Invoking No Taxation Without Representation, DC Again Seeks Statehood
WASHINGTON — The tumultuous legacy left by rioters during the Jan. 6 insurrection at the U.S. Capitol carried through into a congressional hearing Monday on statehood for the District of Columbia.
The mayor wanted to call in the National Guard as soon as the rioters tried to break into the building but her request was delayed by a Defense Department approval requirement.
The result was a violent scandal that could have been avoided but was not “because we are not a state,” said D.C. Council Chairman Phil Mendelson (D).
He was testifying on H.R. 51, a bill that would make the District of Columbia the 51st state. The new state would be renamed the “State of Washington, Douglass Commonwealth” to honor post-Civil War civil rights leader Frederick Douglass.
The mayor would have had authority to call in the National Guard alone on Jan. 6 if the District of Columbia were a state.
In addition, the mayor and D.C. Council could approve legislation without the current authority of Congress to override it. Previously that has included legislation on gun rights, abortion and marijuana sales that conservatives in Congress refused to allow.
Congress carved out the District of Columbia from 100 square miles of Maryland and Virginia by the District of Columbia Organic Act of 1801. Lawmakers set it aside as a federal district to avoid the risk a state might exert too much influence over the national government.
Further constitutional recognition of the District of Columbia as a federal district — not a state — was conferred by the 23rd Amendment to the Constitution. It granted D.C. residents a right to vote in presidential elections.
Mendelson addressed arguments against D.C. statehood when he said, “None of them overcome the basic principle that there should be no taxation without representation.”
He referred to the fact that the District of Columbia has no voting members in the Senate or the House of Representatives. Nevertheless, the city’s roughly 712,000 residents pay more taxes per capita than any state.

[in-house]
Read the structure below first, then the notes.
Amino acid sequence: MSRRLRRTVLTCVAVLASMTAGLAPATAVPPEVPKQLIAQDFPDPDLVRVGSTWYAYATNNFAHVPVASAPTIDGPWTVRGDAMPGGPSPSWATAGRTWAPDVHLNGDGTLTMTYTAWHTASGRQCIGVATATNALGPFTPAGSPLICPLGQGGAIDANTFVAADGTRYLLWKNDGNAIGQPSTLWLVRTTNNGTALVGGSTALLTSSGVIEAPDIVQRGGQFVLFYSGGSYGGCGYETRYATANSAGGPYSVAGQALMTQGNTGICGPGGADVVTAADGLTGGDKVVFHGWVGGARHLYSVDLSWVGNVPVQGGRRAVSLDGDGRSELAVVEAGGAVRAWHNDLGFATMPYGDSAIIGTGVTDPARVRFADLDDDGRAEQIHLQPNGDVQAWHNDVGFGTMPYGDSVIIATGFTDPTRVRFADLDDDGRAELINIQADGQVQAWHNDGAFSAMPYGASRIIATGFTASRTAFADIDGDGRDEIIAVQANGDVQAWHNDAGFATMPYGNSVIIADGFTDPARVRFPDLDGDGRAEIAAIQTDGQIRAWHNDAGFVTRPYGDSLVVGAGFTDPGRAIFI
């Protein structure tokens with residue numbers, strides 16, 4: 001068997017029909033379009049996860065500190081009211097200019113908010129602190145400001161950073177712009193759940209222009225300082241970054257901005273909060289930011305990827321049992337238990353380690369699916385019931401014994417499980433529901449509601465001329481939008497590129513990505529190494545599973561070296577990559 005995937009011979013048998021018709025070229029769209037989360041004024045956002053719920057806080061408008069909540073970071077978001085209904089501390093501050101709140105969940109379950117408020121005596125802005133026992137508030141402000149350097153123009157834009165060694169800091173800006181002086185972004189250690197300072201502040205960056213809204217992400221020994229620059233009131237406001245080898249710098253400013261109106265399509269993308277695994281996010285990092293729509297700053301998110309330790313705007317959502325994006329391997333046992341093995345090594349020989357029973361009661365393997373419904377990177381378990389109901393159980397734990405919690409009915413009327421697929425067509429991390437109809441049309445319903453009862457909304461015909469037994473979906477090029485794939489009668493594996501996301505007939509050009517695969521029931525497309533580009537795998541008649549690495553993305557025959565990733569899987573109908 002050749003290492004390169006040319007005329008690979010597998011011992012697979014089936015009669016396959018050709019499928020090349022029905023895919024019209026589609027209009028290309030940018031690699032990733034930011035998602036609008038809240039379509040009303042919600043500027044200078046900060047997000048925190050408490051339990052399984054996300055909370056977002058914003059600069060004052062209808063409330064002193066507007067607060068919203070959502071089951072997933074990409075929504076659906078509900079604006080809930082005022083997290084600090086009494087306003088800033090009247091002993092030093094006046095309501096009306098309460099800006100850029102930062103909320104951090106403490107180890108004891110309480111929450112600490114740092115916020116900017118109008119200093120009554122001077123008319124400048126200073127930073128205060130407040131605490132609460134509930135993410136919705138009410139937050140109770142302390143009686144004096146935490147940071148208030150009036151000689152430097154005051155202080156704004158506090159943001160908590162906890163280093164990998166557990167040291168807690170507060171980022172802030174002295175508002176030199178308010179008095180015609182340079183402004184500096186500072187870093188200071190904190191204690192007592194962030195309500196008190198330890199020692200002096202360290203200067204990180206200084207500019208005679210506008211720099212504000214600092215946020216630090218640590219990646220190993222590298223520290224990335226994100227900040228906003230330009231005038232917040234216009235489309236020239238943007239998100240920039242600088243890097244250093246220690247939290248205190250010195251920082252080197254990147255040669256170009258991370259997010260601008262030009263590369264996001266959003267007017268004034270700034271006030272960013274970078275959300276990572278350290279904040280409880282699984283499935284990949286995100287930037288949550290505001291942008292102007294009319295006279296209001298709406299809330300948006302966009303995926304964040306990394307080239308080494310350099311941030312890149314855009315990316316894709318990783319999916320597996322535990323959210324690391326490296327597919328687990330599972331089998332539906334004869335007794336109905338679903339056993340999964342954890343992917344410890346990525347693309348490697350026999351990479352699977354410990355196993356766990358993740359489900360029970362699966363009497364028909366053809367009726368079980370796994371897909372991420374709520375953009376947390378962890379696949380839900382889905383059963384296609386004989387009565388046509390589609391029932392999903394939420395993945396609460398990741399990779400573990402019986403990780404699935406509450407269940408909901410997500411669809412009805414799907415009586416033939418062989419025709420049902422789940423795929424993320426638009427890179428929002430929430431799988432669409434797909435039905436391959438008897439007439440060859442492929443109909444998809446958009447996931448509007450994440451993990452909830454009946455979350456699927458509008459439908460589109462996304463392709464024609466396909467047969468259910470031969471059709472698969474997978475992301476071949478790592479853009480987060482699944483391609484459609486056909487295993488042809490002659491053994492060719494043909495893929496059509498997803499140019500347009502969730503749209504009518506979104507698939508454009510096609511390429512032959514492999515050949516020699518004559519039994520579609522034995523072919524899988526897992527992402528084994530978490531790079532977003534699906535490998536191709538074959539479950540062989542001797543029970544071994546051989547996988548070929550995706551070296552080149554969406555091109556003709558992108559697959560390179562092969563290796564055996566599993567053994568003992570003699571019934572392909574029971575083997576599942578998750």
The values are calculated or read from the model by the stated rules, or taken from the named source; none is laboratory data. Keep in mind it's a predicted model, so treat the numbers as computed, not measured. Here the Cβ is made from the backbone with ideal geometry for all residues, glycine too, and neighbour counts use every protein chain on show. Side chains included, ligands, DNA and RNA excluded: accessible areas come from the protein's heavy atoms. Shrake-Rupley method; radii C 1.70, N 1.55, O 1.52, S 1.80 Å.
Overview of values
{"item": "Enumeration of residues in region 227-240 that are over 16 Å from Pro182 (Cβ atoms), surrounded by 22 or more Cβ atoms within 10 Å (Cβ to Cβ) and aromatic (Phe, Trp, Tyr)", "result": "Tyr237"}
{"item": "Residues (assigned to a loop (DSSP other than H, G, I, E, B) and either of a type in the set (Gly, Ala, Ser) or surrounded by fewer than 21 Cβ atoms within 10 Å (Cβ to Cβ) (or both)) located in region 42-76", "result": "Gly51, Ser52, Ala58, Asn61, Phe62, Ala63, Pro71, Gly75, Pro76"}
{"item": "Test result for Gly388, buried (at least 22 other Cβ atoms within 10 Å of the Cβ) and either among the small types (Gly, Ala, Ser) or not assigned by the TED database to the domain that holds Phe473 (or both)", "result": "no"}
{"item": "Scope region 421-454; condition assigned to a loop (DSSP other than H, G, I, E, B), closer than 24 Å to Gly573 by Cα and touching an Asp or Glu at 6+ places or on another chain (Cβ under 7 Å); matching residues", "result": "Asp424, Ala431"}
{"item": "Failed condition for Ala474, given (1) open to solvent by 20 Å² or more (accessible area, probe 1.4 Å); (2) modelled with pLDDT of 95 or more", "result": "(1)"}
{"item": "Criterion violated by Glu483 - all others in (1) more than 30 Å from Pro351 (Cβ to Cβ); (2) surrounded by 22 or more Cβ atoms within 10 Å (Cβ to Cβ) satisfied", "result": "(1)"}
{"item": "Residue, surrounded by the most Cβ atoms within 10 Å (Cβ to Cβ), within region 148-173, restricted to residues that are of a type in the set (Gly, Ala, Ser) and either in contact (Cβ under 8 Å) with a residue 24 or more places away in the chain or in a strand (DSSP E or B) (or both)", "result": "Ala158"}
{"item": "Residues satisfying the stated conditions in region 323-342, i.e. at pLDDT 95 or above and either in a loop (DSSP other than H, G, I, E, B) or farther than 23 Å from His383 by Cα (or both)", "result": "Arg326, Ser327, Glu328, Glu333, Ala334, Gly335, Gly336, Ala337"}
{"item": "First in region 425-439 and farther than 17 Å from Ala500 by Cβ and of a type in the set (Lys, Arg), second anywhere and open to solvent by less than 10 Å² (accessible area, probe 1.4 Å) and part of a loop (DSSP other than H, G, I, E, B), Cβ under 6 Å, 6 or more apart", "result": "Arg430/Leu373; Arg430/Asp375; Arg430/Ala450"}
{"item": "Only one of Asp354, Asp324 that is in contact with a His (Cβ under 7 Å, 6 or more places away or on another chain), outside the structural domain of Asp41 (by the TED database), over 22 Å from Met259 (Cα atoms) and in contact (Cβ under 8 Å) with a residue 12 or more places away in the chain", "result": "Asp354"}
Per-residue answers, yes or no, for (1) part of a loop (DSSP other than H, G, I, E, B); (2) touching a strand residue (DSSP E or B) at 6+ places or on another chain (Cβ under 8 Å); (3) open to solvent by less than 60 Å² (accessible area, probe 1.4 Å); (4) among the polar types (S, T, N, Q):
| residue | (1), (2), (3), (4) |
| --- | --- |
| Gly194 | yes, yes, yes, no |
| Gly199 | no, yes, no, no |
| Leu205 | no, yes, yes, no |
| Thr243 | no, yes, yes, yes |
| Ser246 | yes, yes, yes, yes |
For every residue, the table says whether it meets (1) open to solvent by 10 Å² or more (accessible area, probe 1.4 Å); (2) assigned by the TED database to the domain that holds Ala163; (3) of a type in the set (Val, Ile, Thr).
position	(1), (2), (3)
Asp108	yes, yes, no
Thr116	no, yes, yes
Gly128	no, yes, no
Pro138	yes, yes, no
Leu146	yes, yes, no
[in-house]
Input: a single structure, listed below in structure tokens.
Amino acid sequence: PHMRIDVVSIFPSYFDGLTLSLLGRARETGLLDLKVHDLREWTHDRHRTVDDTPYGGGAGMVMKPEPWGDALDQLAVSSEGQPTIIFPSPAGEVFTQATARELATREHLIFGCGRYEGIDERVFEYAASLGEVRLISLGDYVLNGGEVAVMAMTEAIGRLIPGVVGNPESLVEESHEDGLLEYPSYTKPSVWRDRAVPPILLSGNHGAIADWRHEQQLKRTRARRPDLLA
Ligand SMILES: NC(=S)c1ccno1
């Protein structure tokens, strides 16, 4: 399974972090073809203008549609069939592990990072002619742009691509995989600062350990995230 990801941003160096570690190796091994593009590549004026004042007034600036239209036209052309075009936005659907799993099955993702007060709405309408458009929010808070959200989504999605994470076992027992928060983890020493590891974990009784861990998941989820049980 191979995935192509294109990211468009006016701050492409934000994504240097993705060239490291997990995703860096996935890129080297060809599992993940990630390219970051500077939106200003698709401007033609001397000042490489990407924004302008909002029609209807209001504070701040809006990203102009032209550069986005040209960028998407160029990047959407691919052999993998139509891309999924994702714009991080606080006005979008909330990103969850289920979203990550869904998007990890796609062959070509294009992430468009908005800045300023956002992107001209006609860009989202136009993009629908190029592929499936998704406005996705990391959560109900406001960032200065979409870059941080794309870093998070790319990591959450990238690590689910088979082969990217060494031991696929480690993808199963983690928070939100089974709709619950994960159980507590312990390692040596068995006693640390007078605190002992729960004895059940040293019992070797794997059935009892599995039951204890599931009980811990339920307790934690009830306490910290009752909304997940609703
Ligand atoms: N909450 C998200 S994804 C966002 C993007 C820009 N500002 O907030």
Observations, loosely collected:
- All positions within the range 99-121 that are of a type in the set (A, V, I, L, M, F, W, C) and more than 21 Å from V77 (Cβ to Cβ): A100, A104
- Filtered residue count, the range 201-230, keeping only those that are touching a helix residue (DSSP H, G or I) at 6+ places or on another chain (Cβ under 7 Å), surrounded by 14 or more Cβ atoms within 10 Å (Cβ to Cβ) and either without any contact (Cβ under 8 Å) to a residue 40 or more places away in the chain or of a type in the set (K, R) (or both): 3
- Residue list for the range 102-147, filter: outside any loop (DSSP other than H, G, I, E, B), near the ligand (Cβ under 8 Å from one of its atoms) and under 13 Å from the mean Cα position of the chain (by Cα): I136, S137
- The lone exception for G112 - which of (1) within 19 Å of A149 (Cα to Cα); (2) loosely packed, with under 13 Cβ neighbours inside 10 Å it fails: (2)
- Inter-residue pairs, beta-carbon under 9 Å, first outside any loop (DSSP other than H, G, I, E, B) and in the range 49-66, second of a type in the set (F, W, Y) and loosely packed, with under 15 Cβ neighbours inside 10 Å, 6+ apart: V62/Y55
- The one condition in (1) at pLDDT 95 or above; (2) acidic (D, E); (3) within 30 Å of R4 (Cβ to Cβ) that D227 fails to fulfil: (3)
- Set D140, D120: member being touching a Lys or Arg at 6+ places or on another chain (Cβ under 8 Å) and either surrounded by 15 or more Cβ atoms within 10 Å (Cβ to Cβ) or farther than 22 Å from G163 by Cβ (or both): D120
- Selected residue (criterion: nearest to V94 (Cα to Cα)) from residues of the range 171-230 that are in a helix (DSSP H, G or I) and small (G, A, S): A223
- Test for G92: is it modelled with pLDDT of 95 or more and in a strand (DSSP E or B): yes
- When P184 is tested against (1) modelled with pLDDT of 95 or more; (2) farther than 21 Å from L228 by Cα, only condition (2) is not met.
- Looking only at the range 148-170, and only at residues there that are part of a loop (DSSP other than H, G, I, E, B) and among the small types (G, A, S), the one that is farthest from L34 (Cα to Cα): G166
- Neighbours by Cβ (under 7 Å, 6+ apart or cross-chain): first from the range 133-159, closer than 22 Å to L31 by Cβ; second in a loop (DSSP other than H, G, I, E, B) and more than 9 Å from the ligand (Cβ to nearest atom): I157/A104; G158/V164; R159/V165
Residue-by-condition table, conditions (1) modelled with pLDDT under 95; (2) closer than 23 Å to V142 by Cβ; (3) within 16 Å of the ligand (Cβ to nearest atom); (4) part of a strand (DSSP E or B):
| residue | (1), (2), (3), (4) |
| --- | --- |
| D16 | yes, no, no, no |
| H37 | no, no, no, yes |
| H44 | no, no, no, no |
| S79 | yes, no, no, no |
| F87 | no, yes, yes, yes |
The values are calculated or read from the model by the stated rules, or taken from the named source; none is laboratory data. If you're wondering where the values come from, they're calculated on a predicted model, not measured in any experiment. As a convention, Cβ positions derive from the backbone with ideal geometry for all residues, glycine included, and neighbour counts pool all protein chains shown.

“There is nothing asked of the residents of the 50 states that is not asked of the citizens of the District of Columbia,” Mendelson said.
It’s the two new senators D.C. would gain that created some of the stiffest opposition among Republicans. The District of Columbia is overwhelmingly Democratic.
Two new Democratic senators could shift the balance in a Senate that traditionally is dominated by a slim Republican majority.
“I think this is another political game the Democrats are playing,” said Rep. James Comer, R-Ky., the ranking member of the House Oversight and Reform Committee.
He described the statehood move as a power grab by “liberal progressives.”
He was joined in the criticism by Rep. Jody Hice, R-Ga., who hammered away at H.R. 51 as unconstitutional and a burden on residents of surrounding states.
Few of the people who work in the city live in the District of Columbia. Most come from the Maryland and Virginia suburbs.
The U.S. Census Bureau estimates the metropolitan area’s population at 6.2 million residents.
Statehood would grant the District of Columbia authority to impose additional local taxes on the out-of-state workers.
“The answer is simple,” Hice said. “It’s all about money. D.C. wants to become a state so they can levy taxes on people who work in D.C.”
Moreover, the tiny proposed state has no airport, prison or landfill of its own, meaning local residents would have to use the facilities in Maryland or Virginia but would not be required to fund them, he said.
Such criticisms drew sharp responses from Democratic Mayor Muriel Bowser, who sometimes tried to talk over Republican lawmakers in a raised voice. She discussed the city’s record for a strong budget, employment and emphasis on education.
“We have proven our sound leadership and there is no reason for this Congress not to right this wrong,” Bowser said about the lack of statehood.
Beginning last weekend, Bowser directed that American flags with 51 stars be displayed along Pennsylvania Avenue from the White House to Capitol Hill to demonstrate support for statehood.
H.R. 51 was introduced by Rep. Eleanor Holmes-Norton, D.C.’s non-voting Democratic delegate to Congress.
“H.R. 51 has both the facts and the Constitution on its side,” Holmes-Norton said.
She mentioned that her bill has 215 co-sponsors in the House and 41 in the Senate, giving the statehood proposal more support in Congress now than anytime in the decades since it first was proposed. President Joe Biden has implied he would support it.
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